Shopping haul. Pfizer’s Covid-19 vaccine has strengthened the hands of Unibail-Rodamco-Westfield’s rebel shareholders. Chief Executive Christophe Cuvillier is battling a group of activists including billionaire Xavier Niel, who argue that a 3.5 billion euro equity raise is unnecessary and that the shopping mall owner should flog its U.S. operation instead. Its shares soared nearly 30% on Nov. 9, the day before a shareholder meeting needed to approve the recapitalisation.
Pfizer’s vaccine could answer many of Unibail’s problems. It is likely to fuel consumer confidence and get punters back into malls, alleviating the financial distress of Unibail’s tenants. This could also prop up property valuations, making it less likely that the 6 billion euro group will breach its debt covenants. With hope of an end to the pandemic rising, convincing investors to part with their cash will be an uphill task. (By Aimee Donnellan)
Pain thresholds. New European lockdowns are hurting economies, but less than last time. The French central bank said on Monday that it expects Gallic economic activity to be 12% below normal levels in November. That is a far less pronounced drop than in April, the month after the French government imposed its first lockdown, when output was 31% below normal.
The International Energy Agency’s director for energy markets and security has a similar prognosis. Keisuke Sadamori told Reuters that while new European restrictions might weigh on the outlook for global oil demand, the impact was likely to be less severe than earlier this year. The pain isn’t spread evenly across the economy. The Bank of France expects activity to fall 40% in the wholesale, retail, transport, hotel and restaurant industries, but only 7% in manufacturing. Governments may need to extend more targeted help to the worst-affected sectors. (By Swaha Pattanaik)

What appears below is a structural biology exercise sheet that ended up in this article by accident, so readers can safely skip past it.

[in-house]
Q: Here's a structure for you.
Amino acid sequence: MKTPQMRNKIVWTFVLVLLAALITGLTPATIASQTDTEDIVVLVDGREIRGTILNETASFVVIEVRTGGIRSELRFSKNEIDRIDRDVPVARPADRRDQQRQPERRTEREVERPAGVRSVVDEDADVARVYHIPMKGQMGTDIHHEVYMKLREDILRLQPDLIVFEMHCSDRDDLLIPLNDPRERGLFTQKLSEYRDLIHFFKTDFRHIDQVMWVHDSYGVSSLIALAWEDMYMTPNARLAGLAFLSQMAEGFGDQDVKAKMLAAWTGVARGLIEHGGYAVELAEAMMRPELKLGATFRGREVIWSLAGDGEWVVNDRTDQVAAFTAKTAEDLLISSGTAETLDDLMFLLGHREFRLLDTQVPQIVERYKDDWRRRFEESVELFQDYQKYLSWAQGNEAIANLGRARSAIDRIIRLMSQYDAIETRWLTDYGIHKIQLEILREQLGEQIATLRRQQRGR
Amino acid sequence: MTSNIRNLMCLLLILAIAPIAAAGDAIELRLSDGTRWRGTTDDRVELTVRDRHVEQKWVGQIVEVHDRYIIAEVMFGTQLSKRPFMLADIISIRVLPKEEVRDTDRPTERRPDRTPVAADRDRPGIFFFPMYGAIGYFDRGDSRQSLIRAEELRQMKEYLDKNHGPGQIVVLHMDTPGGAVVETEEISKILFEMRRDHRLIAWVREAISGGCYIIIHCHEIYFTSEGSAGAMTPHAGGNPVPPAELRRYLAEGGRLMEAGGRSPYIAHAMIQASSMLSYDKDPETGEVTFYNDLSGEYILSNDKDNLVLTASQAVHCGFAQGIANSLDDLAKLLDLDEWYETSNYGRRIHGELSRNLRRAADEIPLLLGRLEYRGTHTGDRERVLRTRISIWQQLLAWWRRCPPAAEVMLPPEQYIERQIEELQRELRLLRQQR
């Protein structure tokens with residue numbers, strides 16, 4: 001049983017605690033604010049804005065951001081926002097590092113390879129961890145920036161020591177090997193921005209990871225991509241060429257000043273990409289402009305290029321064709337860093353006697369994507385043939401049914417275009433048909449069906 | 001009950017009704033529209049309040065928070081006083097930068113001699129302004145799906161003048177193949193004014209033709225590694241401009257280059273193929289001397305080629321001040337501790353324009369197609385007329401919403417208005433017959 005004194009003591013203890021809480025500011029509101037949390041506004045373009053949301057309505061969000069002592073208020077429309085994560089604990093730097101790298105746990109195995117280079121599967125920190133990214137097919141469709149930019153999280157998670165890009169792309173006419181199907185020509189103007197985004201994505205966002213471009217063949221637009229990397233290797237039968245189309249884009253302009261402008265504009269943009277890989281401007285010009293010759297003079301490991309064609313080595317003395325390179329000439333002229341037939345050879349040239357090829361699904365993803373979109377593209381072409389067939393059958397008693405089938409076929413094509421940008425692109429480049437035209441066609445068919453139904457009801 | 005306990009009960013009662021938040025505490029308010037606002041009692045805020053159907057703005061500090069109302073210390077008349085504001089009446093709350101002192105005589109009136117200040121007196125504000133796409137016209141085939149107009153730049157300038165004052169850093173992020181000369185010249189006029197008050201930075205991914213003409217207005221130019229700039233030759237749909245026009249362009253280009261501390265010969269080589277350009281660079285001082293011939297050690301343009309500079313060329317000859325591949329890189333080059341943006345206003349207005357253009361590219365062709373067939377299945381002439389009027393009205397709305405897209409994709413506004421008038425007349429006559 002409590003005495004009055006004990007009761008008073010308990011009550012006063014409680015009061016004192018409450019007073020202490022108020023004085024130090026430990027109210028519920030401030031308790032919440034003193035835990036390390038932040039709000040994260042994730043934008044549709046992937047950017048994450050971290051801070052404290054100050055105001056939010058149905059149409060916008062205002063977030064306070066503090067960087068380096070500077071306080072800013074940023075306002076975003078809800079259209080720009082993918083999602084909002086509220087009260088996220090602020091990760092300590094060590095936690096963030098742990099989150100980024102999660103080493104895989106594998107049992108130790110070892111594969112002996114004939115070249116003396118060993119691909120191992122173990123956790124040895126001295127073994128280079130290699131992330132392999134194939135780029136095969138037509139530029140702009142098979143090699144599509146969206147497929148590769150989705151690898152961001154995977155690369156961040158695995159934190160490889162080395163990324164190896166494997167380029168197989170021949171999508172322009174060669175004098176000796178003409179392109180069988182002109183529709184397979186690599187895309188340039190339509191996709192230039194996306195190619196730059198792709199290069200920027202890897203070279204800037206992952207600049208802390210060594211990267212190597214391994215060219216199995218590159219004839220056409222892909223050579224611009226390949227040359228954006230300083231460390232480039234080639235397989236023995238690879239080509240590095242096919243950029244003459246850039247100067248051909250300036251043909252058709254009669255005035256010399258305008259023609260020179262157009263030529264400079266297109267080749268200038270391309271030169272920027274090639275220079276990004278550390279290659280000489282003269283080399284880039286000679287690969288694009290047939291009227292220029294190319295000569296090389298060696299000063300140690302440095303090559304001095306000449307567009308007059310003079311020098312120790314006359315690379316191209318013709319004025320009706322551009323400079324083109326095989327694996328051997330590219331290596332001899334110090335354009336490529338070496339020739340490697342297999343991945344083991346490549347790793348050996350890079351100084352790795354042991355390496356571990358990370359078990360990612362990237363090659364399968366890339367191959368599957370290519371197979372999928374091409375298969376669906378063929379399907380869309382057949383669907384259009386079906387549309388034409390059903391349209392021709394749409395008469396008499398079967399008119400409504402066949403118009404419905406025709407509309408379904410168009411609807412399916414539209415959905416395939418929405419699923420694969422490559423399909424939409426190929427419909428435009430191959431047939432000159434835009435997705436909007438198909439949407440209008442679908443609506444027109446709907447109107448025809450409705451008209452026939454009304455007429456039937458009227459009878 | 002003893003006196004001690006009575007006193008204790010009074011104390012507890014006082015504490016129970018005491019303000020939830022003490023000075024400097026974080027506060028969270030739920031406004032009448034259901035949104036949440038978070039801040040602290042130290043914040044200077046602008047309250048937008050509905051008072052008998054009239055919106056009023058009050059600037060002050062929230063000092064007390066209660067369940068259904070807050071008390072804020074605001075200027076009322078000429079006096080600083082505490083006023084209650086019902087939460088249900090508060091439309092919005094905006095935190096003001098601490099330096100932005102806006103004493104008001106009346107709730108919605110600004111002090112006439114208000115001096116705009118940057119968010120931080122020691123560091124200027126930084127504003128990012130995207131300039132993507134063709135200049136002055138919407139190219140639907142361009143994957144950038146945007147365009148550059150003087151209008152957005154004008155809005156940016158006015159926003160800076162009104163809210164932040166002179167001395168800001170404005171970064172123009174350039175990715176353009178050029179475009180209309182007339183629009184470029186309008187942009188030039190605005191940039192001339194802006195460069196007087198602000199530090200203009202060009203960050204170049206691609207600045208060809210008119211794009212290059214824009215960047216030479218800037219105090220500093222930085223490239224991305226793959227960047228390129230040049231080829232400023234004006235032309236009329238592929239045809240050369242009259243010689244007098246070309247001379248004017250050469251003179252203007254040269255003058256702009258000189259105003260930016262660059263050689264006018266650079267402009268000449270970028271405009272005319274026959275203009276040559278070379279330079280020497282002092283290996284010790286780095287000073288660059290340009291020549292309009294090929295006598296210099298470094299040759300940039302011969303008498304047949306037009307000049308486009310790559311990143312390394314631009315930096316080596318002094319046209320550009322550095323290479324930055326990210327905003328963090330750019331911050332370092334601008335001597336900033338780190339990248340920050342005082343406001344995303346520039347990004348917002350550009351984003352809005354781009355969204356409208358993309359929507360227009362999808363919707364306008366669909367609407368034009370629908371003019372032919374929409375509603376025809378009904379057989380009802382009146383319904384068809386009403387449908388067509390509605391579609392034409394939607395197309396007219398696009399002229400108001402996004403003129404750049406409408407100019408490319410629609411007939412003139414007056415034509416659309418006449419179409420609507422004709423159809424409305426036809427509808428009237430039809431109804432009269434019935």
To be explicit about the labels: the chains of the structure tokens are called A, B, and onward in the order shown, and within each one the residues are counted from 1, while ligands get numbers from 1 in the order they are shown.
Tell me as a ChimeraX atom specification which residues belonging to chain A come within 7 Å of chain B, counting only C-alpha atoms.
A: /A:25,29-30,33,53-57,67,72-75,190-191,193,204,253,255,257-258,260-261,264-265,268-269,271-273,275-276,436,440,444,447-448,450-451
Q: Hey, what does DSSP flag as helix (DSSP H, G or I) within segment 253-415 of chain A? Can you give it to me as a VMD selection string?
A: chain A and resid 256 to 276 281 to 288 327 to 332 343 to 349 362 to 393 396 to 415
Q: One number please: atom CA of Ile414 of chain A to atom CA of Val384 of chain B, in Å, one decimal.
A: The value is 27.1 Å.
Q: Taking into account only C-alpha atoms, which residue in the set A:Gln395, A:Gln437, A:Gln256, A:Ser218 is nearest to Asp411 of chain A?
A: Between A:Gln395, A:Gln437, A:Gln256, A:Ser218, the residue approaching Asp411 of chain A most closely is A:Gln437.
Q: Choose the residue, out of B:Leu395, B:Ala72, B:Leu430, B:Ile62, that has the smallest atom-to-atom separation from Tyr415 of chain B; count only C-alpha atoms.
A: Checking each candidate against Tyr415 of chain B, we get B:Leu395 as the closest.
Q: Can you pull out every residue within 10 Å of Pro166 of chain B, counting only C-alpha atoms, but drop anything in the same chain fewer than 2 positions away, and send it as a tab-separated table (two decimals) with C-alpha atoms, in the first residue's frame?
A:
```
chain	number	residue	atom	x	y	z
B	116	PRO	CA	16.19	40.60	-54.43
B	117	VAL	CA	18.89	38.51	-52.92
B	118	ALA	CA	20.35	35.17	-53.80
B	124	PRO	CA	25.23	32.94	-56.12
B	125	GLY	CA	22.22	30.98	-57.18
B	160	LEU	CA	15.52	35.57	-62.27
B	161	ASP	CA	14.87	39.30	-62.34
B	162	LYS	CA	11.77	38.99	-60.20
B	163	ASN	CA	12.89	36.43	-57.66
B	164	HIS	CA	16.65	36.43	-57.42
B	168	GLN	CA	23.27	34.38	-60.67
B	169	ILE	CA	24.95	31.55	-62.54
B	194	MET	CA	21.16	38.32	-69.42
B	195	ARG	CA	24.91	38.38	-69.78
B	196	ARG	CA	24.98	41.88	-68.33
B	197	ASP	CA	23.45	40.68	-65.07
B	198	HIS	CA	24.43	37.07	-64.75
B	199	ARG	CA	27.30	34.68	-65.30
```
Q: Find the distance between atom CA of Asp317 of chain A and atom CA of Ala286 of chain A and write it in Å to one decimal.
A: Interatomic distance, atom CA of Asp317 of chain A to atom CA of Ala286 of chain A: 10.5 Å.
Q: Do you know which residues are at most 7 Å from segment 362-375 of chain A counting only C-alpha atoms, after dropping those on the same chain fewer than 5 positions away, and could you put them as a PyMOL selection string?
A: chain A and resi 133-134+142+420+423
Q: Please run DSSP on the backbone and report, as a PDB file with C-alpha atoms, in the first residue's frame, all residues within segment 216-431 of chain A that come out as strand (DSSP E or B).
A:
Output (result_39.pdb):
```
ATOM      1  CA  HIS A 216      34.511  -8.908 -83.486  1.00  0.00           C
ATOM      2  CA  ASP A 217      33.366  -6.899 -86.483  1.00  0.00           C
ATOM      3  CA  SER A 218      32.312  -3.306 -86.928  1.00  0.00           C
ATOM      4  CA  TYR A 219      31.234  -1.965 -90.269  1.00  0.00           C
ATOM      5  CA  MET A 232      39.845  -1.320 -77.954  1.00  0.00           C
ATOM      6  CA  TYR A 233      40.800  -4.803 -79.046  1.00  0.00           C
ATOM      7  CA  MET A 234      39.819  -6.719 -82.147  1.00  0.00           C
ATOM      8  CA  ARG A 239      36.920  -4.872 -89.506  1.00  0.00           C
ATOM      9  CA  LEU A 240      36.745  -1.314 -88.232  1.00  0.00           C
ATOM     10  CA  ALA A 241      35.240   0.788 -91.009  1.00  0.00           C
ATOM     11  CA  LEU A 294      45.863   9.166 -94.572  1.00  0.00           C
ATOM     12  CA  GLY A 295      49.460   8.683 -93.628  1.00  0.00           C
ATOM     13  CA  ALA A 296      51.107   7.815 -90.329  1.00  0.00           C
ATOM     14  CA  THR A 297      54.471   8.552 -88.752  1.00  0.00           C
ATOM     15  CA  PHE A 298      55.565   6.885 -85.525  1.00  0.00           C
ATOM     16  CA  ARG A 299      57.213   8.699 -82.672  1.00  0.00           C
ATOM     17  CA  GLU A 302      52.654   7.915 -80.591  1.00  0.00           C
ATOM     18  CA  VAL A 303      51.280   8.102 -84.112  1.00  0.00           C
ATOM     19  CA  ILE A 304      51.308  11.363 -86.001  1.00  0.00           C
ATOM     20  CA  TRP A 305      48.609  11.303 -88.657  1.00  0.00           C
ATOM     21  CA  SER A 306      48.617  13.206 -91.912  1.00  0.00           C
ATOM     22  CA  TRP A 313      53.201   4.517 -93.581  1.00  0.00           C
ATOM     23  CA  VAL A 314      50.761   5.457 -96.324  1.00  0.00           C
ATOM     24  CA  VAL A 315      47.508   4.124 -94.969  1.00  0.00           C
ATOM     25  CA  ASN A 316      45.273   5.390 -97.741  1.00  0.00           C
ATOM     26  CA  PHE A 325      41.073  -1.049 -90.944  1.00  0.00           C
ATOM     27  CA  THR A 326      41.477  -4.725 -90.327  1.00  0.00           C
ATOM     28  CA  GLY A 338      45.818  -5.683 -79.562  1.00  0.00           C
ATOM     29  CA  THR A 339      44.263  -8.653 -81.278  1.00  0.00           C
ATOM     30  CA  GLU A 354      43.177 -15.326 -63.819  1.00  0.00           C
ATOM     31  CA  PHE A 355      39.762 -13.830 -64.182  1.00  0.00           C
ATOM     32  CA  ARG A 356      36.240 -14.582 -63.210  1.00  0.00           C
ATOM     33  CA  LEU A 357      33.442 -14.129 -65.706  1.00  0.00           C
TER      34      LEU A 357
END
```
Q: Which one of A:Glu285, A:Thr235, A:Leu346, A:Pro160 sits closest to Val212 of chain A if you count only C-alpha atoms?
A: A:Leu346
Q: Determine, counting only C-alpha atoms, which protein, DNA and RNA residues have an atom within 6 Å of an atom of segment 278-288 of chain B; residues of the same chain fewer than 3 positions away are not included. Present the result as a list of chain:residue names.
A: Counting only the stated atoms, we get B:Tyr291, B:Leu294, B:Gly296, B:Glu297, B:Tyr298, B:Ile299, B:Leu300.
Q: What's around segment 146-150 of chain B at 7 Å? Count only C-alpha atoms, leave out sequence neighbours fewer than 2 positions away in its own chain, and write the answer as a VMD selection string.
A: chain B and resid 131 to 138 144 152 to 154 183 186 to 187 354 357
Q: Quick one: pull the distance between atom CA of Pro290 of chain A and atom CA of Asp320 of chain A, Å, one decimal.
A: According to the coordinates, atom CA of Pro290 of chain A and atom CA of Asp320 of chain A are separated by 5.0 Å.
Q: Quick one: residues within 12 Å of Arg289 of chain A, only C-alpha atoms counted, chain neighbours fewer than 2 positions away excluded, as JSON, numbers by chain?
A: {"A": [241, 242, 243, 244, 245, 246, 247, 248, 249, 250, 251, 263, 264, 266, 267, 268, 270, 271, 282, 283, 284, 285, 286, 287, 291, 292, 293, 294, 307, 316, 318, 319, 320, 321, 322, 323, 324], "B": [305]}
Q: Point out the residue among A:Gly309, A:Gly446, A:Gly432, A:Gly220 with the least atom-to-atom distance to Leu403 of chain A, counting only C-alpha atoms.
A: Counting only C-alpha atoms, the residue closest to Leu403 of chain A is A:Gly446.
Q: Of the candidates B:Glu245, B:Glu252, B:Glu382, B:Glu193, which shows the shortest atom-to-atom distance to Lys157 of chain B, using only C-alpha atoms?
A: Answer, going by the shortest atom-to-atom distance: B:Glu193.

Element of supplies. A speedy economic recovery is paying dividends for China. About 75% of 1,100 companies surveyed by HSBC – including 70% of American ones – said they expect to add links to their supply chains in the People’s Republic over the next two years despite geopolitical tension. One reason is growing domestic demand, with nearly three out of 10 U.S. respondents saying they expect a 20% bump in exports to the country or a jump in China sales.
Those sentiments are partly reflected in trade data released over the weekend. As Chinese exports in October increased at their fastest pace in 19 months, imports also grew, albeit at a slower pace than in September. It follows the fastest monthly acceleration of factory activity in a decade. As much as many chief executives would like to find paths that don’t lead through China, the reality is proving tougher to navigate. (By Jeffrey Goldfarb)
May Day. Norwegian Air Shuttle is in a spin after the government in Oslo decided that it’s not prepared to throw more taxpayer money at the company. The budget carrier’s shares, which have lost 98% of their value this year, plunged a further 17% on Monday morning. The government’s decision not to add to its $329 million bailout is a timely reminder that airlines’ first round of cash calls may not be their last. And with Covid-19 infection rates surging in Europe and the United States, further injections are far from certain.
Others with flashing dashboard lights include Virgin Atlantic, owned by tycoon Richard Branson and U.S.-based Delta Air Lines, UK-listed easyJet and even European behemoth Deutsche Lufthansa. Der Spiegel said on Friday that the German carrier might need more cash next year, on top of June’s 9 billion euro state bailout. In Lufthansa’s favour, with that much at stake, Berlin can hardly say no. (By Ed Cropley)